BRILLIANT - Nathan Keenan, a seventh-grader at Toronto High School, correctly spelled 'segue' to win the 29th annual Herald-Star Jefferson/Harrison County Regional Spelling Bee, and he and his supporters are hoping it will be a smooth transition when he advances to the Scripps National Spelling Bee in Washington, D.C., May 26-June 1.
In addition to a trophy, he will receive a Webster's Third New International Dictionary, courtesy of Merriam-Webster; a $50 certificate and mint proof coin set in memory of Samuel Louis Sugarman, a supporter of the bee; a one-year subscription to Encyclopedia Britannica; a $20 gift Amazon.com certificate; and a $250 gift certificate from Huntington Bank and an expense-paid trip to the capitol for the national bee courtesy of Amtrak and UNIGLOBE Ohio Valley Travel.
"I've never been to Washington, D.C., so I'm really excited," said Keenan, who is the son of James and Jeanine Keenan of Toronto.
TOP 10 — The top 10 spellers from the 29th annual Herald-Star Jefferson/Harrison County Regional Spelling Bee were, from left, front: Nathan Keenan, a Toronto High School seventh-grader, first place; Caden Arbaugh, a Harrison Central Junior High School seventh-grader, second place; Bryan Maddocks, a Pleasant Hill Elementary School sixth-grader, third place; Jasmine Black, a Stanton Elementary School sixth-grader, fourth place; and Adam Ripley, a Harrison East Elementary School fifth-grader, fifth place; and back: Racquel Ritchie, a Harrison Central Junior High School seventh-grader, sixth place; Allen Moro, a Jefferson County Christian School fifth-grader, seventh place; Elonna Mitchell, a Virtual Learning Academy seventh-grader, eighth place; Francesca Boni, a Bishop John King Mussio Elementary fifth-grader, ninth place; and Austin Clark, a Bishop John King Mussio eighth-grader, 10th place. - Warren Scott
He said he prepared for Saturday's spelling bee, which was held at Buckeye North Elementary School, by dividing the study list into small sections, having his parents quiz him on each and studying again the words he had the most difficulty spelling.
He was among about 50 pupils in grades 5-8 who competed in the event after winning bees in their respective schools and districts. The competitors included pupils from the Toronto City, Steubenville City, Indian Creek, Buckeye Local, Edison Local and Harrison Hills City school districts; Jefferson County Christian School, Bishop John King Mussio elementary and junior high schools; the Virtual Learning Academy and a home-schooled youth.
Placing second was Caden Arbaugh, a seventh-grader at Harrison Central Junior High School. In addition to a trophy, he will receive a $100 gift certificate from Huntington Bank and the Merriam-Webster Collegiate Dictionary.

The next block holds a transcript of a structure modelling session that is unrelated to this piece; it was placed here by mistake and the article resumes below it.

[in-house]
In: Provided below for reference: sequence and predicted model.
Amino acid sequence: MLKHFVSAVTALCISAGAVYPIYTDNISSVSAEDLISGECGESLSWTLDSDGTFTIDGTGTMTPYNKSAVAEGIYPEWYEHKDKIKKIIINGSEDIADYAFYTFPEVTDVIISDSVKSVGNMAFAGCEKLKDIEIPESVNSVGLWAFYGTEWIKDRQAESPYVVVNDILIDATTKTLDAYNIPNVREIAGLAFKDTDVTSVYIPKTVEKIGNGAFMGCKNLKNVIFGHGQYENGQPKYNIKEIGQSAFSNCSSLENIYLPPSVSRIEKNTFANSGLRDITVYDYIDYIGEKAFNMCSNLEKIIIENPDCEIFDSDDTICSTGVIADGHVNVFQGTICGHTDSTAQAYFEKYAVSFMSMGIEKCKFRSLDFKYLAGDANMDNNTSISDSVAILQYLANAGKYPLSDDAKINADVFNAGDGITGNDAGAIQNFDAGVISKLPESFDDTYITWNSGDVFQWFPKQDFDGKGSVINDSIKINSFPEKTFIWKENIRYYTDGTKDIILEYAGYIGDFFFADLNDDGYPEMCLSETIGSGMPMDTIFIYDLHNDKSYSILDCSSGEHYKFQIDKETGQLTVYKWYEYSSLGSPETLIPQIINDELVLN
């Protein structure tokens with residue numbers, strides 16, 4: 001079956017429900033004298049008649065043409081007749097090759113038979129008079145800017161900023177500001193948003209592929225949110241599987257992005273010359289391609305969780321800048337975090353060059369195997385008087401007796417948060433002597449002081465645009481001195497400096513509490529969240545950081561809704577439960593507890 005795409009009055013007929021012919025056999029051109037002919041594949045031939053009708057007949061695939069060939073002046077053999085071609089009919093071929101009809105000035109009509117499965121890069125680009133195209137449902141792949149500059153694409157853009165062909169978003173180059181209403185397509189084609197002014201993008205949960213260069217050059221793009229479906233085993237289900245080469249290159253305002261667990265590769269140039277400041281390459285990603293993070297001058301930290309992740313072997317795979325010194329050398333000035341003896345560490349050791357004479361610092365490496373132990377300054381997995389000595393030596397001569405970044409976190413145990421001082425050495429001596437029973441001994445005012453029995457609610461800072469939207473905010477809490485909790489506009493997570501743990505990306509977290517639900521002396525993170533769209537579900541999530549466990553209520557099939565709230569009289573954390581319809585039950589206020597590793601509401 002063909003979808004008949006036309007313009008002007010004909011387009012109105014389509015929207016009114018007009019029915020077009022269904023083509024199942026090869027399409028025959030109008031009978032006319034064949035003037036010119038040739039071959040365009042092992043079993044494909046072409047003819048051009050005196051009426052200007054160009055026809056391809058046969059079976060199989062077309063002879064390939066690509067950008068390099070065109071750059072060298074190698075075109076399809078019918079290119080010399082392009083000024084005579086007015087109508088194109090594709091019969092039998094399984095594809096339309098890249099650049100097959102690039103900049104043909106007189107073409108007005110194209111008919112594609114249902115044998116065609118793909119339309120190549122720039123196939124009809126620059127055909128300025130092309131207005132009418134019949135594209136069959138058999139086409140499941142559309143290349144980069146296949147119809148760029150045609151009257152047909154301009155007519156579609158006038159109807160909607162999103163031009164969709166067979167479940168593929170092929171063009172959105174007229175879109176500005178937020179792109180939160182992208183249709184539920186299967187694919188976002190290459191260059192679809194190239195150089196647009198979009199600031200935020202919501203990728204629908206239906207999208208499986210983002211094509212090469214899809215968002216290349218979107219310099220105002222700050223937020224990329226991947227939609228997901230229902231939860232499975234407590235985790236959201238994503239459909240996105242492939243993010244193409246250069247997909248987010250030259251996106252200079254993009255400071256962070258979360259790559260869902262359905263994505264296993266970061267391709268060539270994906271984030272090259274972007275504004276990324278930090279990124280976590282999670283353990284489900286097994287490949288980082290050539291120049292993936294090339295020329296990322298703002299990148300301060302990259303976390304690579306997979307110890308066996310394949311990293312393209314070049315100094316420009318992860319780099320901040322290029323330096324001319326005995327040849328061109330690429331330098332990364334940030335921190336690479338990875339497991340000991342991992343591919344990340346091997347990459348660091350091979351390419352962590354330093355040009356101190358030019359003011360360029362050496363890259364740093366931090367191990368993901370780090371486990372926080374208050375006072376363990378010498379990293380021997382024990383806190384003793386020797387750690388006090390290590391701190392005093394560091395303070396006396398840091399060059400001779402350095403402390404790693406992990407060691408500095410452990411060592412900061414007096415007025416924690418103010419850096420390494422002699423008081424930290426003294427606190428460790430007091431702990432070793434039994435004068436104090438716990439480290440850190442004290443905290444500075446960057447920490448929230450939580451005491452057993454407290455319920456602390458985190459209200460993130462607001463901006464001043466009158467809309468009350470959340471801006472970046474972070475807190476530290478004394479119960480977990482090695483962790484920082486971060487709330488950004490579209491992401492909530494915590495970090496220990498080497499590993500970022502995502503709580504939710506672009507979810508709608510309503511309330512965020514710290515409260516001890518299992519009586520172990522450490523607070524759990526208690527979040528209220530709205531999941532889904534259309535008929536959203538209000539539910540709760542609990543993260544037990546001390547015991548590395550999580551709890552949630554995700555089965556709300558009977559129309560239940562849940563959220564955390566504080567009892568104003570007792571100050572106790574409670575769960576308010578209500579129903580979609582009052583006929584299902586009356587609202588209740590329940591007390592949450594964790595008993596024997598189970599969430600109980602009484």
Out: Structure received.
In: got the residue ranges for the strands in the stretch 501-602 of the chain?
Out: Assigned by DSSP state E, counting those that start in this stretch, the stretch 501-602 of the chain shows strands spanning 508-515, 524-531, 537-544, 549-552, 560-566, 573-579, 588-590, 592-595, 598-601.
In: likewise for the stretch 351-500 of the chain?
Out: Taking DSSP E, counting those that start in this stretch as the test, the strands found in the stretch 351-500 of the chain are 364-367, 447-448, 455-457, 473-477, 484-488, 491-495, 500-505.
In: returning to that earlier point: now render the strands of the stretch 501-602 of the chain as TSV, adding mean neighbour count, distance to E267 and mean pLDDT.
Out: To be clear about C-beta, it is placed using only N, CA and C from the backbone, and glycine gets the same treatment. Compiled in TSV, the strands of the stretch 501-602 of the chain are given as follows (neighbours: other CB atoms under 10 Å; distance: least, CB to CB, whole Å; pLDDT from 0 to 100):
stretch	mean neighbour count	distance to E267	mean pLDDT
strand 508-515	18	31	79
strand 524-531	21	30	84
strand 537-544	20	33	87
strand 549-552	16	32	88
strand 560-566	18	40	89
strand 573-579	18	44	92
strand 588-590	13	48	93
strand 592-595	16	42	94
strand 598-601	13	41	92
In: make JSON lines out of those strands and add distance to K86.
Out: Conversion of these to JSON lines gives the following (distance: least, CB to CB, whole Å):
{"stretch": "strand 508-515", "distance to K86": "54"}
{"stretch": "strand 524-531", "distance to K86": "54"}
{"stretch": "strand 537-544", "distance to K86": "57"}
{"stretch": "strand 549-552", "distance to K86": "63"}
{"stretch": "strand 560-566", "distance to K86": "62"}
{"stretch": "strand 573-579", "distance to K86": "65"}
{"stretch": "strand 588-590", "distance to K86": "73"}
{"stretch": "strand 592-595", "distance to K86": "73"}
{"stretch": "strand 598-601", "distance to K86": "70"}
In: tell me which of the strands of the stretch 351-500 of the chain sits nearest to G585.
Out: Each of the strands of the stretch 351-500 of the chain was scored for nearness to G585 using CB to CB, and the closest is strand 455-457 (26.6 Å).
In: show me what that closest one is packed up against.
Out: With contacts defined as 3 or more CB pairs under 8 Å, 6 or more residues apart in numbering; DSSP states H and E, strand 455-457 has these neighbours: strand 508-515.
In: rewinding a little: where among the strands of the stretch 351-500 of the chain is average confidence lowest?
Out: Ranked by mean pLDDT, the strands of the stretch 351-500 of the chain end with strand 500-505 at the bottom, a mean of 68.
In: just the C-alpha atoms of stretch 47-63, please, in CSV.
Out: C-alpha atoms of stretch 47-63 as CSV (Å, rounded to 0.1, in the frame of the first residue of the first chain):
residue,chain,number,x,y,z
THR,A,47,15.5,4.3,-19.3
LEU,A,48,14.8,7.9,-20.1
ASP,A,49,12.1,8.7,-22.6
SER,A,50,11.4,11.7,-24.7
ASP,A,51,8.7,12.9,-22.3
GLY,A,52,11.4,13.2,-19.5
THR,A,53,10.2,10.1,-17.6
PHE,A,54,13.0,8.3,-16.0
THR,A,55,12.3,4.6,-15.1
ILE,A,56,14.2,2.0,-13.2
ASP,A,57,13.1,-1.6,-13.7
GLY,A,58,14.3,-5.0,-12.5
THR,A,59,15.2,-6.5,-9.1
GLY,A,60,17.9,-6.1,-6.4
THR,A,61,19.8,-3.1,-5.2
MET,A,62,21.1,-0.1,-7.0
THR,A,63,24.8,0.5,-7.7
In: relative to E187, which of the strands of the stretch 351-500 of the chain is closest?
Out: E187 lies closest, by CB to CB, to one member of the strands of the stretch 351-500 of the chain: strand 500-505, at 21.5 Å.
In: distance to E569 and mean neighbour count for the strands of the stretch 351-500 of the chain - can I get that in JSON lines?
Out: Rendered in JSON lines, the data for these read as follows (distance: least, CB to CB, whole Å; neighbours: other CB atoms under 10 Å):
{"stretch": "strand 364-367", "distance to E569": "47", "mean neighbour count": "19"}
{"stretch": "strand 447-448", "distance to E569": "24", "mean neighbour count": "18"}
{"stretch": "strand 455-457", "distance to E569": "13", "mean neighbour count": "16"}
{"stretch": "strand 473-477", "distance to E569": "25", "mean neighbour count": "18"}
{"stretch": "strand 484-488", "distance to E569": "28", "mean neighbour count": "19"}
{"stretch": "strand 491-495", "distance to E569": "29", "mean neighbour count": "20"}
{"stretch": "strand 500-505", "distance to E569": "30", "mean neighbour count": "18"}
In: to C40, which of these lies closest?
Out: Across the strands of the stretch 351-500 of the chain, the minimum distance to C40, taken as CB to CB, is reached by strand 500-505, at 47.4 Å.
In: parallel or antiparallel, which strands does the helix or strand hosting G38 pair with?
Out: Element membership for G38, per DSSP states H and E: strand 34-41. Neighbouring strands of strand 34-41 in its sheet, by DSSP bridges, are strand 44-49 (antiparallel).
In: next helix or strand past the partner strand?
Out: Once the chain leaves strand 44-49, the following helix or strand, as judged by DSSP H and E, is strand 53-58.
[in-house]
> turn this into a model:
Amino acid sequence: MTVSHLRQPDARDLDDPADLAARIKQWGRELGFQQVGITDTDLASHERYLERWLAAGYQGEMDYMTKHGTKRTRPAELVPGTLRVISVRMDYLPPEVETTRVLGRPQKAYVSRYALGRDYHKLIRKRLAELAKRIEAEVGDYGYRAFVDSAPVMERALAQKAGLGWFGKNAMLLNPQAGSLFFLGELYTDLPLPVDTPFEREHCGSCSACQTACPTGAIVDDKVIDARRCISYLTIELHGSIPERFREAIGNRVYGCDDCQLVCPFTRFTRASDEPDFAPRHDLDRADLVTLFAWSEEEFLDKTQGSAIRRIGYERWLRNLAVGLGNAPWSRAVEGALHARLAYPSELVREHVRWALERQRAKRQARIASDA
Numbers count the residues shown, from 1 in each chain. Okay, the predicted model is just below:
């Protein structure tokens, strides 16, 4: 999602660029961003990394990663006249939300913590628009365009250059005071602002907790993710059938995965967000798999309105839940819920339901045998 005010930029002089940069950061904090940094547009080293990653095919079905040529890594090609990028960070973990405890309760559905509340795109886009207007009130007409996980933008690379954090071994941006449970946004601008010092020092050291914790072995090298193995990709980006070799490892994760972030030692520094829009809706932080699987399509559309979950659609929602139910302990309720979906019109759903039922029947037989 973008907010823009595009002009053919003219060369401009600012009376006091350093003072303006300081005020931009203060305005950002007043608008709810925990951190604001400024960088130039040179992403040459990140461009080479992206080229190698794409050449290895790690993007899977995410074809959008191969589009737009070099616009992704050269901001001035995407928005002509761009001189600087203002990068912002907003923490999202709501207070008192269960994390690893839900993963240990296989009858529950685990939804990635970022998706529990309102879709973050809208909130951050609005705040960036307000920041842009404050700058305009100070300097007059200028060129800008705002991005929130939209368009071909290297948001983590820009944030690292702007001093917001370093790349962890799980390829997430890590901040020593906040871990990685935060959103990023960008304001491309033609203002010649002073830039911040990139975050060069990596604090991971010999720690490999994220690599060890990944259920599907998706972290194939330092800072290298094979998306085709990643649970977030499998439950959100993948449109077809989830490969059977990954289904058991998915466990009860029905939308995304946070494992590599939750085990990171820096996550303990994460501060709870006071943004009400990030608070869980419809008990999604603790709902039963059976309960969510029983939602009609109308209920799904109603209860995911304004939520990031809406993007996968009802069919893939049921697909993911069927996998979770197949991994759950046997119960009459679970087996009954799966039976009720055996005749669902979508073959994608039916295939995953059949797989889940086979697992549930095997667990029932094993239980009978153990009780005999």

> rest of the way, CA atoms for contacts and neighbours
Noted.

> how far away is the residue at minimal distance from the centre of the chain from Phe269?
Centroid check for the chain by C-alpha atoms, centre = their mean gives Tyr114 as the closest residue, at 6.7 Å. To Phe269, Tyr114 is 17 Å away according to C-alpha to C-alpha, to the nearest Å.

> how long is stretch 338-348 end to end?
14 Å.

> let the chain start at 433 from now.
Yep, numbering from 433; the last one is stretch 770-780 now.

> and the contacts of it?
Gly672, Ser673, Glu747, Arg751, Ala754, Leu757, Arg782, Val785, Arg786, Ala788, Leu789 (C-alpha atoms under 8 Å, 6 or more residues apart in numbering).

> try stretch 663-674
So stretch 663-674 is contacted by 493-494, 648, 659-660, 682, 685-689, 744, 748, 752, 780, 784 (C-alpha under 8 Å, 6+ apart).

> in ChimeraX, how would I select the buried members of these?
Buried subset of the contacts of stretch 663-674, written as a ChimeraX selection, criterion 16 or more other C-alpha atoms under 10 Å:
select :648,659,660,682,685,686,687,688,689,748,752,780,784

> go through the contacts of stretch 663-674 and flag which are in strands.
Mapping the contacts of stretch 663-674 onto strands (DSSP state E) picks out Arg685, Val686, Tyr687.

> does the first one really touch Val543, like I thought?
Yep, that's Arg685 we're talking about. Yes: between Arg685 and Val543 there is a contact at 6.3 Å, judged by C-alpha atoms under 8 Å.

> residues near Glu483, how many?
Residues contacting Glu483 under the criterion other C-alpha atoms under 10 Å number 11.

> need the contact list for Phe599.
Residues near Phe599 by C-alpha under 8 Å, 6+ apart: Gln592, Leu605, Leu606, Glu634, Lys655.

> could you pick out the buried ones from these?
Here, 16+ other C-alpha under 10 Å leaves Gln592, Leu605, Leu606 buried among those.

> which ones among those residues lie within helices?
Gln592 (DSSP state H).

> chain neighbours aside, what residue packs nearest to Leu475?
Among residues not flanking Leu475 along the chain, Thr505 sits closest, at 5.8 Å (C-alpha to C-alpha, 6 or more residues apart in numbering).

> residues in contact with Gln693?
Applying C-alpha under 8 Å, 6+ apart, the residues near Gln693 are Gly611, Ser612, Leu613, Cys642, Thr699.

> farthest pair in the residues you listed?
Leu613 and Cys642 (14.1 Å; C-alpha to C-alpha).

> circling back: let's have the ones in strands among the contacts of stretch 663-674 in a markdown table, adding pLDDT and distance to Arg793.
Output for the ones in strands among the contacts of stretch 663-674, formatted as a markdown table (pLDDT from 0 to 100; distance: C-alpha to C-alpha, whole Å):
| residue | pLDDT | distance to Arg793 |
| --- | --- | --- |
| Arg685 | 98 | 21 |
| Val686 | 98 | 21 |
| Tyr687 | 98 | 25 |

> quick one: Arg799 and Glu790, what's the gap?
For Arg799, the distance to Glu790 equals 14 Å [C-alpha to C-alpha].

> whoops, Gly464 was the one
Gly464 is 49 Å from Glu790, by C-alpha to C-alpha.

Placing third through fifth and receiving trophies and thesauruses are: Bryan Maddocks, a Pleasant Hill Elementary School sixth-grader; Jasmine Black, a Stanton Elementary School sixth-grader; and Adam Ripley, a Harrison East Elementary School fifth-grader.
Rounding out the top 10 spellers were: Racquel Ritchie, a Harrison Central Junior High School seventh-grader, sixth place; Allen Moro, a Jefferson County Christian School fifth-grader, seventh place; Elonna Mitchell, a Virtual Learning Academy seventh-grader, eighth place; Francesca Boni, a Bishop John King Mussio Elementary fifth-grader, ninth place; and Austin Clark, a Bishop John King Mussio eighth-grader, tenth place.
All of the participants received $25 gift certificates from Huntington Bank, and the Ohio Lottery Commission paid the entry fee for all.
Joseph Roshak of the Jefferson County Educational Service Center, the bee's coordinator, said he's pleased that the bee's sponsors have grown in recent years, with the Rotary Club of Steubenville this year joining co-sponsors the Herald-Star, Eastern Gateway Community College, Huntington Bank, the Ohio Lottery Commission, Amtrak and UNIGLOBE Ohio Valley Travel.
Among many assisting Roshak were West Liberty University professors Steven Criniti and Jeremy Larance and Eastern Gateway Community College professor Connie Salvayon, who served as judges; Professor David Schaefer of the Franciscan University of Steubenville, who served as recorder; and Mary Ann Zeroski of Buckeye Local Schools, who served as pronouncer.
Herald-Star Executive Editor Ross Gallabrese applauded the many who worked behind the scenes for the bee, including Roshak and Joy Howell, Jefferson County ESC superintendent, who are retiring after this year.
He praised the many teachers, parents, grandparents and others who supported the participants.
Gallabrese also introduced former Herald-Star publisher, Charles Govey, noting Govey worked hard to establish the regional bee and its link to the national spelling bee.
Roshak told younger children attending the bee if they would like to compete in the future, they can prepare now by reading often and learning new words.
Over eight rounds and nearly two hours, competitors in Saturday's event spelled a variety of words, from A for alderman to Z for zenith, and also including brackish, polder, dugong, mysanthropy, Gulden, terrapin, gopak, rucksack and gynarchy.